Polestar has a history...
Originally a performance tuning company focused on racing Volvo vehicles, Polestar Racing (acquired officially by Volvo in 2015), now Polestar, has a history of performance and a dedication to the passion of automotive excellence. While the company says it has no heritage, we disagree entirely. They have a unique story that has lead to the creation of one of the fastest and more powerful vehicles we've ever tested: the Polestar 2.
The first all-electric offering from the company is no slouch, especially the AWD model we had the pleasure of spending time with for an entire month. As you might expect, spending that much time with a car allows for impressions one might not get after only a few hours. And we developed plenty of thoughts on the model, some good, and naturally, some not so good.
Initial impressions of the Polestar 2 were all glowing. One of the first things you notice is the aggressive exterior styling, especially the front grill area. We found the lighting assembly and fenders hold your attention on the front end. The side profile of the vehicle is a little more mundane and nondescript. The rear of the Polestar 2, however, has a LED light bar that extends from one side of the car all the way to the other that we found to be unique and attractive. This also makes the Polestar very easily identifiable at nighttime.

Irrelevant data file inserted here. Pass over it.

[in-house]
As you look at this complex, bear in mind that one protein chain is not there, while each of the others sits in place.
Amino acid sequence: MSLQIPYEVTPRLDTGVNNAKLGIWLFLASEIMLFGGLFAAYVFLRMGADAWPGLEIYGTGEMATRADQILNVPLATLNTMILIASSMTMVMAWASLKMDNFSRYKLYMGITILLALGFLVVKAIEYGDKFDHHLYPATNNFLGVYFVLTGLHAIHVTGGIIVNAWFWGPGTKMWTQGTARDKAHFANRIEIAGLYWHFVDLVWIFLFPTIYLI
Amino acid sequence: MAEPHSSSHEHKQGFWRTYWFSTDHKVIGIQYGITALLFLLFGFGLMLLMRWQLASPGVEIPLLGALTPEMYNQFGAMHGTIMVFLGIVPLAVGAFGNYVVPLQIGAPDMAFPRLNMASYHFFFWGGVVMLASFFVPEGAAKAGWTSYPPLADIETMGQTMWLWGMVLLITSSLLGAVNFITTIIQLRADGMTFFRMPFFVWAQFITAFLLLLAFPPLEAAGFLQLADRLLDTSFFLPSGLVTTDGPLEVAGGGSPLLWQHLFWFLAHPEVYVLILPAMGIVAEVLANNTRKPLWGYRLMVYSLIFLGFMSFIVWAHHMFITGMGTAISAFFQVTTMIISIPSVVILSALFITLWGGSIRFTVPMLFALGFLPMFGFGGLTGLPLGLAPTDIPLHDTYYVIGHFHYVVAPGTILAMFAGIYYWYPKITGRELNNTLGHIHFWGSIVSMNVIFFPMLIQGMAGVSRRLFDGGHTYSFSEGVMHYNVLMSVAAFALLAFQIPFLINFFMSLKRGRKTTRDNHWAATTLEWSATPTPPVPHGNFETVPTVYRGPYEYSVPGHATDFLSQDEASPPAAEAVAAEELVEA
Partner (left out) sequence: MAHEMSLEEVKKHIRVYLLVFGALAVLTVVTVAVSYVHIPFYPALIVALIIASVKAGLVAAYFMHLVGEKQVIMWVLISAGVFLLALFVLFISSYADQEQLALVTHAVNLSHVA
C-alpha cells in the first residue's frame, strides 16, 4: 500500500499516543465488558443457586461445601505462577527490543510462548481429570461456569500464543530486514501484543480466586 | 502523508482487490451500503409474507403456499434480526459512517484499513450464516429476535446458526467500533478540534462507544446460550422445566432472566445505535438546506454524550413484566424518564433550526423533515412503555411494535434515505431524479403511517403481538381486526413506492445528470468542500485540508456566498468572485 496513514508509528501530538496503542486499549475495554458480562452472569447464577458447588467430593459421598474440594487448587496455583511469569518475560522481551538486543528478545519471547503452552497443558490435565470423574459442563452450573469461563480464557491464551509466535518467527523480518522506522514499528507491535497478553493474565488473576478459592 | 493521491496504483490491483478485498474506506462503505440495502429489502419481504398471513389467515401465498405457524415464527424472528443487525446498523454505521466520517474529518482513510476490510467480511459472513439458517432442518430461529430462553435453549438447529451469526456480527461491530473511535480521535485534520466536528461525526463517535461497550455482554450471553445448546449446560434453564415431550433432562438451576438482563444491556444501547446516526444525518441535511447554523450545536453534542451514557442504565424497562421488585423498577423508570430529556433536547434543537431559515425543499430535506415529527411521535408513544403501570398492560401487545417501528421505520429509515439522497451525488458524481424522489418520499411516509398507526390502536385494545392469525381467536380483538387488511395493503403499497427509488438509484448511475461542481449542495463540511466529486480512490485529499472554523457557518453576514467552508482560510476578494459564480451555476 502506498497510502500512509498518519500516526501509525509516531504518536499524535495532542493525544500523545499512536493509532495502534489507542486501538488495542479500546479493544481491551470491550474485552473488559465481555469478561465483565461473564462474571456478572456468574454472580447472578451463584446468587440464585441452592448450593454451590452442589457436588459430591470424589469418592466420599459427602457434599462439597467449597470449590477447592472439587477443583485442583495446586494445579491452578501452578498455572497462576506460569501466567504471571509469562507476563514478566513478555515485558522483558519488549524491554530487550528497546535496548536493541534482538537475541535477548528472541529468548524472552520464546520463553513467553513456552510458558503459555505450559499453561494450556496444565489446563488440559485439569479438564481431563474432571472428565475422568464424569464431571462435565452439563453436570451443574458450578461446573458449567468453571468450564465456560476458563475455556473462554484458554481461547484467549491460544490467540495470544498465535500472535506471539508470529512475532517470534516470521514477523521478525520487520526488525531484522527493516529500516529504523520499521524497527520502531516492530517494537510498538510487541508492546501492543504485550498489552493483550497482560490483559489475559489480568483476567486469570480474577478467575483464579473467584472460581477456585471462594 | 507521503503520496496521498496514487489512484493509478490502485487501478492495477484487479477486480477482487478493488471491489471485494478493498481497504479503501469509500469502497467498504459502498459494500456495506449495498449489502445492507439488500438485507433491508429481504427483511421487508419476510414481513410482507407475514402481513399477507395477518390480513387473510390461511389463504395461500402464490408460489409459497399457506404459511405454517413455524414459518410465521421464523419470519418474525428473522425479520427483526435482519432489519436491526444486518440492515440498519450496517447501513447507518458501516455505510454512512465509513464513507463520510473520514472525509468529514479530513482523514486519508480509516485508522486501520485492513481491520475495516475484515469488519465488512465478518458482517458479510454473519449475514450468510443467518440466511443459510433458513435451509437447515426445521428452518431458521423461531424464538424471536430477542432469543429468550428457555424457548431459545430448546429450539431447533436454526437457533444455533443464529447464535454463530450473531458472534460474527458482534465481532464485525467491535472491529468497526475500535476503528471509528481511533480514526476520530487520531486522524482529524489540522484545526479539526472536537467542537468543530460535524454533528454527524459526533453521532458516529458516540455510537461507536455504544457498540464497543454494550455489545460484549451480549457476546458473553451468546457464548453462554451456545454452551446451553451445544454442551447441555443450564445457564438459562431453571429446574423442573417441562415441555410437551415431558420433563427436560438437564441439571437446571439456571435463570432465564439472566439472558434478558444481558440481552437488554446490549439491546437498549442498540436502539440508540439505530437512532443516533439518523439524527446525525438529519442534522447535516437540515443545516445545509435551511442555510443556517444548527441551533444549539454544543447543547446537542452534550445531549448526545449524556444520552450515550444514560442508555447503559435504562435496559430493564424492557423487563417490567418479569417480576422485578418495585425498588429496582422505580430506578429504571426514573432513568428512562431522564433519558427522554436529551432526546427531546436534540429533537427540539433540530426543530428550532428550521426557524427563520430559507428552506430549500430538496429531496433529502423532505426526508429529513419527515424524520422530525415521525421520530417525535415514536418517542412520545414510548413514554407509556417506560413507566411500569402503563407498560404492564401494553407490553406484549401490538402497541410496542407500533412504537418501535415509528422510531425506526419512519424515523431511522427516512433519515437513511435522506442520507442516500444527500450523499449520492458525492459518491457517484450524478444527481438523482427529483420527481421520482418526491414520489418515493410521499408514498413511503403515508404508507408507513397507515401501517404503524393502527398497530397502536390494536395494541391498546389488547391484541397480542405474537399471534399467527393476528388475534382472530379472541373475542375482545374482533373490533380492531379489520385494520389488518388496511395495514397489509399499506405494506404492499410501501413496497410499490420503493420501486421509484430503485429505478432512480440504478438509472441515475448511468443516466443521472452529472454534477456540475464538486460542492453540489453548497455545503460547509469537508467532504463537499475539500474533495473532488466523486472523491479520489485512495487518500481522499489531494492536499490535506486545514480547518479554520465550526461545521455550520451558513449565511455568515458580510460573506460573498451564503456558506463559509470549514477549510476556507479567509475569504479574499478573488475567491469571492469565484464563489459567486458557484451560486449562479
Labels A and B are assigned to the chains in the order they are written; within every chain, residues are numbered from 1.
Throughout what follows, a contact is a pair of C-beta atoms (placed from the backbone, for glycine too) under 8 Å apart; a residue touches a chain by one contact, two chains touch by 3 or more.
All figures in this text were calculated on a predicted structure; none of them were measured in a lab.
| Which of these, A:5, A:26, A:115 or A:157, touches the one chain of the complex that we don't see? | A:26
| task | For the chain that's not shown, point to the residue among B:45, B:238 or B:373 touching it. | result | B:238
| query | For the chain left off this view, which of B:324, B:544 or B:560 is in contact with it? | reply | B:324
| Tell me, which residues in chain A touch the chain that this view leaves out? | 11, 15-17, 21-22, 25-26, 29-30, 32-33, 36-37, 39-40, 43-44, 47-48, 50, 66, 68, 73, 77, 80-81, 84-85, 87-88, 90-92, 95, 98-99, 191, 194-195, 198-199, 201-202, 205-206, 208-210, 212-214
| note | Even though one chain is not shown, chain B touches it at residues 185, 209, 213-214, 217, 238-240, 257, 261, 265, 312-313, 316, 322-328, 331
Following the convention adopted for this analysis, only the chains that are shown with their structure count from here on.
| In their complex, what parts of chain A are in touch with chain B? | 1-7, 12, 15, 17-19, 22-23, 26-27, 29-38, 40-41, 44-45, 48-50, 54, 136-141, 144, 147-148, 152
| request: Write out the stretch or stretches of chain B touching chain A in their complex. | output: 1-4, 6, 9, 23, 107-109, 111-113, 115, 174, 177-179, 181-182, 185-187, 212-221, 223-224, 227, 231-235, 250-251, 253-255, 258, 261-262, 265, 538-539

Moving to the interior our impressions are more mixed. The materials that comprise the dashboard, door trim, and seats were all premium in nature. Soft where you want, firm where necessary. The interior design is pleasing and easy on the eyes. A center display allows for many vehicle settings to be changed including steering feel, regenerative braking strength, and charging limits.
However, we found that the Polestar 2 sacrificed interior width in exchange for side crash-worthiness. We wished for an extra 4 inches of space in between the driver and passenger that would allow for an additional cup holder. As it is, the second cup holder can only be accessed by lifting the arm rest forcing you to lose a place to rest your elbow if you wanted a second place to store a drink.
The Polestar 2 doesn't exactly charge very quickly either. On a 150 kW DC fast charger, we were able to charge from 0-90% in about an hour... but according to the car's estimates, that last 10% would have taken an additional hour. If the Polestar 2 were $5k-$10k less expensive we might be more willing to look past these shortcomings, but the dual motor AWD model has a MSRP of $51,900, which is asking a bit too much considering the alternatives in the marketplace. As tested, our vehicle would cost $58,750.
Oh... but the performance!
Overall, we did find the Polestar 2 AWD to be an excellent competitor to the Tesla Model 3 for people who really don't want a Tesla Model 3. It's premium without being too extra. Refined, sporty, and powerful.